BMC Oral Health 05/2014; 14(1):54. DOI:10.1186/1472-6831-14-54 · 1.13 Impact Factor
  • Source
    • "Strong evidence shows that sealants are effective in preventing caries [15] [16]. Over the last few years more than 11 guidelines and systematic reviews have recommended pit and fissure sealant use for at-risk populations [17] [18] [19]. However, more than 30 years after the introduction of pit and fissure sealant to the dental market place, the profession has not embraced the procedure to the extent that available scientific data would expect [13]. "
    [Show abstract] [Hide abstract]
    ABSTRACT: Objective. The purpose of the study was to assess the knowledge, value, opinion, and practice regarding use of dental sealants among private dental practitioners in Bathinda City, Punjab, India. Materials and Methods. A cross-sectional survey was conducted among all private dental practitioners in Bathinda City, Punjab. A self-administered structured questionnaire consisting of 28 items was used to assess their knowledge, value, opinion, and practice regarding dental sealants. One-way analysis of variance, independent sample t-test, and multivariate regression analysis were utilized for statistical analysis. Confidence level and level of significance were set at 95% and 5%, respectively. Results. The mean scores for knowledge, value, opinion, and practice were 41.8 ± 3.7, 18.7 ± 2.8, 18.1 ± 1.4, and 12.9 ± 2.3, respectively. Analysis revealed that qualification was statistically significant among all dependent variables (P ≤ 0.05); work experience was significantly associated with both knowledge and opinion means scores (P ≤ 0.05). Conclusion. The results suggest that dental practitioners had sufficient knowledge about dental sealants. They also acknowledge the importance of use of dental sealants. Practice of dental sealants in clinics was found adequate but they were not following the specific guidelines and standardized procedures.
    04/2014; 2014:469738. DOI:10.1155/2014/469738
  • Source
    • "However, for more than 50 years, the oral health community has recognized that caries is a preventable infection, and developed methods to reduce the probability of initiation and progression of the infection. The most effective preventive method for occlusal caries is the application of pit and fissure sealants to the occlusal surfaces [3-13], which can reduce dental decay by up to 80%. Yet, globally, the epidemic of caries continues unabated [1,2]. "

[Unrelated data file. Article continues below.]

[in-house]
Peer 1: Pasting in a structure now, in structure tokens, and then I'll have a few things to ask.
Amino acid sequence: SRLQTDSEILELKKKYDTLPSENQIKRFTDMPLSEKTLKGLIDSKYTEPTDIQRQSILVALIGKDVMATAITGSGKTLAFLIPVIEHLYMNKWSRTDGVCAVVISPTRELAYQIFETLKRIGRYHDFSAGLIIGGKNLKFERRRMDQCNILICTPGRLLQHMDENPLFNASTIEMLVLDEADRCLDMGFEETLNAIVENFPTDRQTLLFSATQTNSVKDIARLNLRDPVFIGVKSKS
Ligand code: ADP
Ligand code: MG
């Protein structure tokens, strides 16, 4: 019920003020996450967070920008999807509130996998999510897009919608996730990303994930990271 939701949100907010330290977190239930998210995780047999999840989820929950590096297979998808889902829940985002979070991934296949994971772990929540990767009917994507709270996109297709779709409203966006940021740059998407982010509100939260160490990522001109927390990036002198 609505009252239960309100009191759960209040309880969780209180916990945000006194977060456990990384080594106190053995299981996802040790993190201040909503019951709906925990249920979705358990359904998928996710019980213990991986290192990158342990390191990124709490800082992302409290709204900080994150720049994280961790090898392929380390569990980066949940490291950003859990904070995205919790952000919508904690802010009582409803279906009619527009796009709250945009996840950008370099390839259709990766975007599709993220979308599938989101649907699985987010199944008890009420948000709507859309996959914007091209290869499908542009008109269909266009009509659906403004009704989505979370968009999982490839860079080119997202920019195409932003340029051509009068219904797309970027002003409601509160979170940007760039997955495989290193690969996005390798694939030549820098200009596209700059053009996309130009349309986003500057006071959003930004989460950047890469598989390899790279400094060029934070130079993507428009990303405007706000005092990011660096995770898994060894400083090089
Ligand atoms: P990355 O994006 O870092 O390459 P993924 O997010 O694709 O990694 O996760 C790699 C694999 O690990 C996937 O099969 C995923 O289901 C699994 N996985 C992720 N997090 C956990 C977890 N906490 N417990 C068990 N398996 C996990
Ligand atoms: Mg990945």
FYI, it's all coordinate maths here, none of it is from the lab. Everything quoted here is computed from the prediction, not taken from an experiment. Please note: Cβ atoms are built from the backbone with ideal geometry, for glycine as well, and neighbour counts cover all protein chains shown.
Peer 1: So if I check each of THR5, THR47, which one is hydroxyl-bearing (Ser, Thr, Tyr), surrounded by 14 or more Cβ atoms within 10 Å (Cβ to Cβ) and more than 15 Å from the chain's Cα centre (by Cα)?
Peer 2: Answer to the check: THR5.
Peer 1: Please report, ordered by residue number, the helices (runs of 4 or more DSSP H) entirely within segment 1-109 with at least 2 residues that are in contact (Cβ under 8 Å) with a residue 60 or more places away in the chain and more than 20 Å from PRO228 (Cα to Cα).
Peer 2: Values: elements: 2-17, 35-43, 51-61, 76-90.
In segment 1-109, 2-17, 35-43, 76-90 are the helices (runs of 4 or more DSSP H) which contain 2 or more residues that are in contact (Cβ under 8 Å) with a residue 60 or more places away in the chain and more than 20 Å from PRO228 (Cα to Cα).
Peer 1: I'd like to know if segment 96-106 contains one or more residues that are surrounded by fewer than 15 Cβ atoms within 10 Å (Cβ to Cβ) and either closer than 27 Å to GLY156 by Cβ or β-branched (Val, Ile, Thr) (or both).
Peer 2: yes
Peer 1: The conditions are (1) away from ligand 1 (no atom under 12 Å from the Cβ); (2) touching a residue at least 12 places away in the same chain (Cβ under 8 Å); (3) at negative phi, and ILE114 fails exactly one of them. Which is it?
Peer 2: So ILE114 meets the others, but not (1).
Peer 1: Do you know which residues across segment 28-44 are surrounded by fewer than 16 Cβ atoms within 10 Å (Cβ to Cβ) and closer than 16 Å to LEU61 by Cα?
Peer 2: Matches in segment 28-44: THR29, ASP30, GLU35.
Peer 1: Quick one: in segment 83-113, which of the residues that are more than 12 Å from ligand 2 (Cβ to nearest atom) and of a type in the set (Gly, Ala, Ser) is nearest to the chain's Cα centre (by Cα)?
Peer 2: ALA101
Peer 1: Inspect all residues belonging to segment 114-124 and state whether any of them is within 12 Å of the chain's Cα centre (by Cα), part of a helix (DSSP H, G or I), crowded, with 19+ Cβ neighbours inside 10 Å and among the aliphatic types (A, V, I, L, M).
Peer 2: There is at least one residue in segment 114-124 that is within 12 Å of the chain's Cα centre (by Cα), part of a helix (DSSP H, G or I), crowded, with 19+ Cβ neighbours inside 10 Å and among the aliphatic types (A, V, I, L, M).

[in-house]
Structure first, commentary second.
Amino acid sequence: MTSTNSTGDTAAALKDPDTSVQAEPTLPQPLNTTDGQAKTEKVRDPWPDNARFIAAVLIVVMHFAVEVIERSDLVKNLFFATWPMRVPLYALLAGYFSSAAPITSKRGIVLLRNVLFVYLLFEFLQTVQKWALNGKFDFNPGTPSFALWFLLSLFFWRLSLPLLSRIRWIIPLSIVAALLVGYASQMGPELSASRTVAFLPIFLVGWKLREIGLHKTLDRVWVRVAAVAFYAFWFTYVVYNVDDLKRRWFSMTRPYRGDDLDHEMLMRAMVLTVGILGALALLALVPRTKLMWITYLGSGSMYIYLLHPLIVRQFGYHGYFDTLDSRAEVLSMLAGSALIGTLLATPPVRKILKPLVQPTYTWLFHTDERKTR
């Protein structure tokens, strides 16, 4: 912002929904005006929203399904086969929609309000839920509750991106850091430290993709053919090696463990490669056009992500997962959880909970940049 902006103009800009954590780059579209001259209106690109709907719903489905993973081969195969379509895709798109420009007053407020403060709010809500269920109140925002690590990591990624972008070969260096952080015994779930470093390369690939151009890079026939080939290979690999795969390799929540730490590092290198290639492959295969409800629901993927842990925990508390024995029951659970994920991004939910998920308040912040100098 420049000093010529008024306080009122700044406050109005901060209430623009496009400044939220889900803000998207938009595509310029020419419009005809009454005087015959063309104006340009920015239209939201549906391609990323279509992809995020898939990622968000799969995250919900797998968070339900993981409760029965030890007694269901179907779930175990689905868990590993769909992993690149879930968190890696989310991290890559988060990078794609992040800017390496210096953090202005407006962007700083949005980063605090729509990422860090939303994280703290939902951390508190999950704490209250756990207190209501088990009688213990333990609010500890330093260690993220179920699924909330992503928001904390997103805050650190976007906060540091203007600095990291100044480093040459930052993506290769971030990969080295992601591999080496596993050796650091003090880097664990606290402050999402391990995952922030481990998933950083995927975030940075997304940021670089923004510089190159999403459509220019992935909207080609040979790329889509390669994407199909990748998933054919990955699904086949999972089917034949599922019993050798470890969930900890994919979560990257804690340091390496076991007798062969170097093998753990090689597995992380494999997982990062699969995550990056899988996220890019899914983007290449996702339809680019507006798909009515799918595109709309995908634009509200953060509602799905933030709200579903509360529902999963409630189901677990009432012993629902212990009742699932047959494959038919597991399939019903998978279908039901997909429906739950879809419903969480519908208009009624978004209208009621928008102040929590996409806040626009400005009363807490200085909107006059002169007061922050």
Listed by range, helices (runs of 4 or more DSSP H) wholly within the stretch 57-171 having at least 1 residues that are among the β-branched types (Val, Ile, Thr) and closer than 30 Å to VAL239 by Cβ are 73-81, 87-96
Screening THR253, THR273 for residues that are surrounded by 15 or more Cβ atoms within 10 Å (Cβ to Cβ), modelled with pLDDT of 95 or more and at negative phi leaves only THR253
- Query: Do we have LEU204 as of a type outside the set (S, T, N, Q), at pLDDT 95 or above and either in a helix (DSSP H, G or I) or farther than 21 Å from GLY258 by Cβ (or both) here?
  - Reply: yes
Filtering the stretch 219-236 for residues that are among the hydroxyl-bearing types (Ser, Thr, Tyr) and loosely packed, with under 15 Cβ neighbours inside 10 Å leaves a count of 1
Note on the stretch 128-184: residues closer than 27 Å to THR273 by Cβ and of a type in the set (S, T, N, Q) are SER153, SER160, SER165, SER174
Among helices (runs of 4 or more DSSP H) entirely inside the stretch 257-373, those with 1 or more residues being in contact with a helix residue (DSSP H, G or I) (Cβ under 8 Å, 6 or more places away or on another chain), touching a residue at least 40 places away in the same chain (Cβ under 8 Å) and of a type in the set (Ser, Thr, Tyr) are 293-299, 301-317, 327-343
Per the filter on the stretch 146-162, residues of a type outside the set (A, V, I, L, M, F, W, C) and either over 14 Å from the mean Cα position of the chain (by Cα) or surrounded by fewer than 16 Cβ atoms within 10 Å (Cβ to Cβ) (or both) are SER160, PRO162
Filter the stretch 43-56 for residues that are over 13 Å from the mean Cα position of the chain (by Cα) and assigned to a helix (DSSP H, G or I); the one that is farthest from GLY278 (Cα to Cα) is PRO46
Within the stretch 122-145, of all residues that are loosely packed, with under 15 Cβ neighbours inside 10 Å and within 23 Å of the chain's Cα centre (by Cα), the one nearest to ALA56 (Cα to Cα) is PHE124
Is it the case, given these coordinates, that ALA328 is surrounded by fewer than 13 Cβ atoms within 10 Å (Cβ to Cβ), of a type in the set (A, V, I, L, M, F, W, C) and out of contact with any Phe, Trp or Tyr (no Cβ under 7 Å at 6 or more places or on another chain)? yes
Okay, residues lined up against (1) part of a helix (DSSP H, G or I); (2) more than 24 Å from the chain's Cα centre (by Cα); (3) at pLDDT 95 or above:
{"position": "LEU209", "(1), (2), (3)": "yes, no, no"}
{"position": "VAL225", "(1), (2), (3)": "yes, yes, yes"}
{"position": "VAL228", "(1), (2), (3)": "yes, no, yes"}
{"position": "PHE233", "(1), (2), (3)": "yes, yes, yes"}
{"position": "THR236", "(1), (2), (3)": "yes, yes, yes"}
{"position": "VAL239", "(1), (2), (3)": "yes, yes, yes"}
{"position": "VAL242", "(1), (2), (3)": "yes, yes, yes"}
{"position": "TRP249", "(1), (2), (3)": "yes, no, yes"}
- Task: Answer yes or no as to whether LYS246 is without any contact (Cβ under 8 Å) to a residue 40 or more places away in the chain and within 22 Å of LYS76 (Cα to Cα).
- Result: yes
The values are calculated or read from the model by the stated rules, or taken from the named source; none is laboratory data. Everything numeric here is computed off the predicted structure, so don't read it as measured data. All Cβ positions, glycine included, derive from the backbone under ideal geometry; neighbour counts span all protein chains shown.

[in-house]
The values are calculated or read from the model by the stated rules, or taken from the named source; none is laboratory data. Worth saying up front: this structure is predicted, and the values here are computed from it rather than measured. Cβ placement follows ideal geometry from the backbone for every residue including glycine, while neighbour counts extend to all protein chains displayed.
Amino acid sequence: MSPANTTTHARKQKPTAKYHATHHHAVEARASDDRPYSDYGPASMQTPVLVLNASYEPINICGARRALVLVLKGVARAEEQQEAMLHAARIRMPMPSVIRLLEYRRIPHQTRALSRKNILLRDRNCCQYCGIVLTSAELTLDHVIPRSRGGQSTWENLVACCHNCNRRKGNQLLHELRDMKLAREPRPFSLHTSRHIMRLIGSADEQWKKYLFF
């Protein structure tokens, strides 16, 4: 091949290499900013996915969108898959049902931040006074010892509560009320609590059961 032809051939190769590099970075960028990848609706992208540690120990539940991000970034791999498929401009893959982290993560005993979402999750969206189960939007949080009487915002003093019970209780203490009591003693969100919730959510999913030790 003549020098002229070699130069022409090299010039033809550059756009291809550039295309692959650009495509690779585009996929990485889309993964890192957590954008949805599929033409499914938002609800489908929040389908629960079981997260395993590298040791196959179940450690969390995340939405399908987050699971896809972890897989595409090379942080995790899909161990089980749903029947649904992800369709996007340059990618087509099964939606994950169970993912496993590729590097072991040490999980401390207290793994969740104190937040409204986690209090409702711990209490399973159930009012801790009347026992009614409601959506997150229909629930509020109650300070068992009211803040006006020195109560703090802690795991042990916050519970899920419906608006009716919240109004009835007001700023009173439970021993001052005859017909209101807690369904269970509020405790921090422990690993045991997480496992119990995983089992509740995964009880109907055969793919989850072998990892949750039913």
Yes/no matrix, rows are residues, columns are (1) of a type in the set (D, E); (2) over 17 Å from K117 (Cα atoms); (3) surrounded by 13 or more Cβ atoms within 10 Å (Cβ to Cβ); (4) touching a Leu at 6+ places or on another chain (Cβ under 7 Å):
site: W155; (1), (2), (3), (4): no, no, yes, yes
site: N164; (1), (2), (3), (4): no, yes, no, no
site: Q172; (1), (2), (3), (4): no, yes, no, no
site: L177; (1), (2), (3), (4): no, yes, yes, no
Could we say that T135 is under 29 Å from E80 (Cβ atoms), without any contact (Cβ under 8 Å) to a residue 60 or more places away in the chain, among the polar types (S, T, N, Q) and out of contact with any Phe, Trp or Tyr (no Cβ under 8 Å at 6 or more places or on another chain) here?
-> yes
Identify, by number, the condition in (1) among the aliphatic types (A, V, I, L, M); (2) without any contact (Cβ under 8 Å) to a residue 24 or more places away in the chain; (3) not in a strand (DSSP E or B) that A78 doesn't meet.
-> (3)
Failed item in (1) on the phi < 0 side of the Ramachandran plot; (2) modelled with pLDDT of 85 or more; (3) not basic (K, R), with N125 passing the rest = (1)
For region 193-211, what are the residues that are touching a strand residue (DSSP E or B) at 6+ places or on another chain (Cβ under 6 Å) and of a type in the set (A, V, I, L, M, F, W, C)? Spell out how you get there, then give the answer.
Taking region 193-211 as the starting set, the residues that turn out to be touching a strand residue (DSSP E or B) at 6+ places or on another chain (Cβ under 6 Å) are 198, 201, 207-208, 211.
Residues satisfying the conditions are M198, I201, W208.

[Show abstract] [Hide abstract]
    ABSTRACT: Background Multiple guidelines and systematic reviews recommend sealant use to reduce caries risk. Yet, multiple reports also indicate that sealants are significantly underutilized. This study examined the knowledge, opinions, values, and practice (KOVP) of dentists concerning sealant use in the southwest region of Andalusia, Spain. This is a prelude to the generation of a regional plan for improving children’s oral health in Andalusia. Methods The survey’s target population was dentists working in western Andalusia, equally distributed in the provinces of Seville, Cadiz, and Huelva (N=2,047). A convenience sample of meeting participants and meeting participant email lists (N=400) were solicited from the annual course on Community and Pediatric Dentistry. This course is required for all public health sector dentists, and is open to all private sector dentists. Information on the dentist’s KOVP of sealants was collected using four-part questionnaire with 31, 5-point Likert-scaled questions. Results The survey population demographics included 190 men (48%) and 206 women (52%) with an average clinical experience of 10.6 (± 8.4) years and 9.3 (± 7.5) years, respectively. A significant sex difference was observed in the distribution of place of work (urban/suburb) (p=0.001), but no sex differences between working sector (public/private). The mean ± SD values for each of the four KOVP sections for pit and fissure sealants were: knowledge = 3.57 ± 0.47; opinion = 2.48 ± 0.47; value = 2.74 ± 0.52; and practice = 3.48 ± 0.50. No sex differences were found in KOVP (all p >0.4). Independent of sex: knowledge statistically differed by years of experience and place of work; opinion statistically differed by years of experience and sector; and practice statistically differed by years of experience and sector. Less experienced dentists tended to have slightly higher scores (~0.25 on a Likert 1–5 scale). Statistically significant correlations were found between knowledge and practice (r=0.44, p=0.00) and between opinion and value (r=0.35, p=0.00). Conclusions The results suggest that, similar to other countries, Andalusian dentists know that sealants are effective, have neutral to positive attitudes toward sealants; though, based on epidemiological studies, underuse sealants. Therefore, methods other than classical behavior change (eg: financial or legal mechanisms) will be required to change practice patterns aimed at improving children's oral health.
    BMC Oral Health 02/2013; 13(1):12. DOI:10.1186/1472-6831-13-12 · 1.13 Impact Factor
Show more